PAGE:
APRM Sensitisation Project in Namibia

The APRM Sensitisation Project in Namibia (ASPIN) aims to enhance the participation of civil society in the Namibian African Peer Review Mechanism (APRM) process, through capacity-building, fostering better knowledge of the APRM and its rules and opportunities, and developing a written submission on the key governance issues in Namibia.

This project is being implemented by the South African Institute of International Affairs (SAIIA) in Johannesburg, in partnership with the Institute for Public Policy Research (IPPR) in Windhoek.


The APRM, established in 2003, is Africa’s premier governance self-assessment and promotion tool. The purpose of the APRM is “to foster the adoption of policies, standards and practices that lead to political stability, high economic growth, sustainable development and accelerated sub-regional and continental economic integration through reinforcement of best practices, including identifying deficiencies and accessing the needs for capacity building,” according to its founding documents.

In January 2017, Namibia became the 36th African Union member state to voluntarily accede to the APRM. This signalled President Hage Geingob’s commitment to open governance, reducing corruption and promoting the rule of law. The APRM’s rules require that civil society is meaningfully involved in each country’s review process. Together with government and the private sector, the country’s civil society will diagnose governance strengths and weaknesses, and develop appropriate and applicable remedies.

Potential benefits of the APRM in Namibia

Namibia’s accession provides civil society organisations (CSOs) with an important opportunity. Government’s plans for the process have not yet solidified, so there is an opening to influence them. The APRM also provides a platform to promote a wide range of governance issues that CSOs feel passionately about, through evidence-based submissions. It is a requirement that civil society be involved in a country’s APRM process. But the extent of their involvement is up to the CSOs, depending on how informed, interested and mobilised they are.

There are several potential benefits stemming from Namibia’s accession to the APRM. This African-owned process will produce a comprehensive governance assessment of Namibia’s strengths and weaknesses, and develop recommendations to remedy shortcomings. The APRM can catalyse and bolster reform efforts, and open civic space for CSOs and citizens through the dialogue it promotes. It is also an opportunity for Namibia to explain and showcase its best practices to its peers, and to build capacity in Namibia CSOs. A well-run, inclusive and transparent process can promote accountability in the country, and potentially attract investors and development assistance. And the more SADC countries that are encouraged to accede, the easier it is to deal with cross-boundary issues, including climate, health and migration.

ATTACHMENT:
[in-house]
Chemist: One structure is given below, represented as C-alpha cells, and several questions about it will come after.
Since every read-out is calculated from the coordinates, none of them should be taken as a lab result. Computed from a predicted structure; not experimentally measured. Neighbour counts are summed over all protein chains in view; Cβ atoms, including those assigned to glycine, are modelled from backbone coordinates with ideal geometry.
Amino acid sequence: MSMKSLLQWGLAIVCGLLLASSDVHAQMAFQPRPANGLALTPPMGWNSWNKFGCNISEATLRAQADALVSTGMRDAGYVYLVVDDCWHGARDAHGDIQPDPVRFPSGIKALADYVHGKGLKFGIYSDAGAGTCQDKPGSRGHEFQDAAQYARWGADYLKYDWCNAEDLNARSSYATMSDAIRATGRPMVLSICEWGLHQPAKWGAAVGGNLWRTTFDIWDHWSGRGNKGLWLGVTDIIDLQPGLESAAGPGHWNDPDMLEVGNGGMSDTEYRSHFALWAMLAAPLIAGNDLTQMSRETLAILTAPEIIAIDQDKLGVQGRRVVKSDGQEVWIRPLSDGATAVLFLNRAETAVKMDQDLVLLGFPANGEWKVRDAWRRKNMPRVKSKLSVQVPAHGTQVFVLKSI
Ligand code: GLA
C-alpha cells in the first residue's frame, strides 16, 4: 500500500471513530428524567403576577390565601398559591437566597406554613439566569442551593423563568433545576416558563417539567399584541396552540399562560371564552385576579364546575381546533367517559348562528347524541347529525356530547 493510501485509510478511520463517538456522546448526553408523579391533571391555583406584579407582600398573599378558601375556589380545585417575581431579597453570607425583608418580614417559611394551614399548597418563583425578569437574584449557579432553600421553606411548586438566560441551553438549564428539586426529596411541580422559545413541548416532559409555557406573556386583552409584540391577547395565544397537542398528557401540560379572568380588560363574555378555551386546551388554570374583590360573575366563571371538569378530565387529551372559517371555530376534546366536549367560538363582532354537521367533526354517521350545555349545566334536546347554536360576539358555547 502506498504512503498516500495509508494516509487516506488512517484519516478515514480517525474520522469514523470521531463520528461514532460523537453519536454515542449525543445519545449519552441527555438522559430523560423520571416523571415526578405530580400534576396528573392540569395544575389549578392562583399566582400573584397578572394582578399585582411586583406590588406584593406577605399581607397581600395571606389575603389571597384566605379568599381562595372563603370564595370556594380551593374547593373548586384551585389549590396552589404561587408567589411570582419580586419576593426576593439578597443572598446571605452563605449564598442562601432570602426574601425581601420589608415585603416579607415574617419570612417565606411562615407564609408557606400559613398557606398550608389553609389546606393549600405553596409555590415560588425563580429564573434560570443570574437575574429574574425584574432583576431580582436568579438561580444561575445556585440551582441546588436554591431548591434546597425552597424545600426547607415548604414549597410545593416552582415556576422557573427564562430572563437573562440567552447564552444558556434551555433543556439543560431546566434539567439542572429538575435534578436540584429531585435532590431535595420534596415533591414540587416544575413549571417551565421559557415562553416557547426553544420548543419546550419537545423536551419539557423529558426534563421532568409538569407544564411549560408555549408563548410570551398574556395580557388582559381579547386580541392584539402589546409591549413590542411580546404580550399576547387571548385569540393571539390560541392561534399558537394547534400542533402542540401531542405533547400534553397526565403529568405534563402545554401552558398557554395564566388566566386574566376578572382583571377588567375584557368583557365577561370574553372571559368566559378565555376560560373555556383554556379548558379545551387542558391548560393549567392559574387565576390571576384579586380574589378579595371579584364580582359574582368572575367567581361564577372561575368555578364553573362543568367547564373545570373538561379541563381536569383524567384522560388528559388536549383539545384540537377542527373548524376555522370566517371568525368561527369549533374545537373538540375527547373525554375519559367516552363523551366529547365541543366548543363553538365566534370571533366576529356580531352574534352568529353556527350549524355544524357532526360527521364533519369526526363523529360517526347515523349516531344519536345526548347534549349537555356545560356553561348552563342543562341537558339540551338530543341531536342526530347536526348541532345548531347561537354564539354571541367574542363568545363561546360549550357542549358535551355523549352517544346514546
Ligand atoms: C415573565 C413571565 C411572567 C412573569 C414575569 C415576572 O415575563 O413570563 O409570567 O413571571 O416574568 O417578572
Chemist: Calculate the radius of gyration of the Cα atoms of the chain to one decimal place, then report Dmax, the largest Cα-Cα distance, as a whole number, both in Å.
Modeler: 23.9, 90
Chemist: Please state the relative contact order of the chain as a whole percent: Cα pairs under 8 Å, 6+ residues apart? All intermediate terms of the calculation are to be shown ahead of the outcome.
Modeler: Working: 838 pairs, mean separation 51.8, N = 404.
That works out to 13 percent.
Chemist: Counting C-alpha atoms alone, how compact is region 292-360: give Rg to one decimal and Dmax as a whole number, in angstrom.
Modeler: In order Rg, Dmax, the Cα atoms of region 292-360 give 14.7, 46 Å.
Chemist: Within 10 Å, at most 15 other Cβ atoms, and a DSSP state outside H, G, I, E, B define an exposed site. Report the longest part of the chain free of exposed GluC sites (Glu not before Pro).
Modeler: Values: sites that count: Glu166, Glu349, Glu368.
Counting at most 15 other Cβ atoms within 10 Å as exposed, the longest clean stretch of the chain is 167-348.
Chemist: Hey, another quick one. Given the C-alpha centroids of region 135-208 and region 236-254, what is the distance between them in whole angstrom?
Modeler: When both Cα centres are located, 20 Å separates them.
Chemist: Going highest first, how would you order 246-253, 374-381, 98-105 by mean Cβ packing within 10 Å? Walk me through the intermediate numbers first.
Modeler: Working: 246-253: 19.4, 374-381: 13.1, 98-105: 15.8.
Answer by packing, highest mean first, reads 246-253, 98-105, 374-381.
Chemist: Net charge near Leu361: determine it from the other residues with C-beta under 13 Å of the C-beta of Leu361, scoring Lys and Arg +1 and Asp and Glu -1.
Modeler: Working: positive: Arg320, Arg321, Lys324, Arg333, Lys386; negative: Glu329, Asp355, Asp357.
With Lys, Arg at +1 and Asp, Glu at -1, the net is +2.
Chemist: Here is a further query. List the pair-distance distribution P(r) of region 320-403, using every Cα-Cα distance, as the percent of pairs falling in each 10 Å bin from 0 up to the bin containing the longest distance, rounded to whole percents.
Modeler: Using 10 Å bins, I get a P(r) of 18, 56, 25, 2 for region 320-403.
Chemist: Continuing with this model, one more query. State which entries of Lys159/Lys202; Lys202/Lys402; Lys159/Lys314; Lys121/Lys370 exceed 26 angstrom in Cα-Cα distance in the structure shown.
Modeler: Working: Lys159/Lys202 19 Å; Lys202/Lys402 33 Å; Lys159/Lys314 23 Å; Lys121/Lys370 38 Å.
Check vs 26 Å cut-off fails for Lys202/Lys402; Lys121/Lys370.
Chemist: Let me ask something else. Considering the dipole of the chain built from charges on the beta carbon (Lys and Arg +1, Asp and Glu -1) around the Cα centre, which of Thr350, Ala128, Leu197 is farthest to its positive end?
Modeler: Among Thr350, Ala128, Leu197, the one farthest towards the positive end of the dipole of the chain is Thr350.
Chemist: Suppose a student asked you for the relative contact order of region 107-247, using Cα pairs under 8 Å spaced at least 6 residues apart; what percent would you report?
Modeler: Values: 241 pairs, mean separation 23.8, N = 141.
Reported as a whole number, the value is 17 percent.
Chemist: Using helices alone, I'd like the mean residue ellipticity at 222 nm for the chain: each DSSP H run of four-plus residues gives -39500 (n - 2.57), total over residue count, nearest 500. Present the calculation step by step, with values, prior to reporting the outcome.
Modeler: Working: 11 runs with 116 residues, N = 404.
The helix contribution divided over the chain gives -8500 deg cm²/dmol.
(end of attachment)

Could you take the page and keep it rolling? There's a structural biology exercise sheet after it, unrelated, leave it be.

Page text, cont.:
The process so far

Key publications

In March 2017, the Institute for Public Policy Research (IPPR) published ‘Namibia and the African Peer Review Mechanism: Committing to Improved Governance’ written by Steven Gruzd, head of the African Governance and Diplomacy Programme at SAIIA. This guide is aimed at Namibian civil society, parliament and policymakers, to explain how and why the APRM arose, what it is and what it entails for the country. It outlines what Namibia can expect from the APRM process, and what is required to undertake a successful, inclusive and meaningful review. It also suggests further reading material to learn more about the APRM.

Find out how a similar project is unfolding in Botswana.

Useful links

Download the report: Namibia’s civil society submission to the APRM

The project partners would like to thank the funders, The Open Society Initiative for Southern Africa (OSISA), the Friedrich-Ebert-Stiftung (FES) Namibia Office, as well as the Swedish Government and the Swedish International Development Cooperation Agency (SIDA) for their generous support.

Swedish International Development Cooperation Agency

The Swedish International Development Cooperation Agency (SIDA) is Sweden’s government agency for development cooperation. It strives to reduce world poverty by allocating resources and knowledge to Africa, Asia, Europe and South America.

The Open Society Initiative for Southern Africa

The Open Society Initiative for Southern Africa (OSISA) promotes open society values by working towards building vibrant and tolerant democracies across the region.

Friedrich Ebert Stiftung Namibia Office

The Friedrich Ebert Stiftung is a private, non-profit educational institution, ‘think tank’ and platform for political dialogue, promoting democracy, development, social justice and peace. It carries out its international activities through a network of about 100 offices worldwide, including Namibia.

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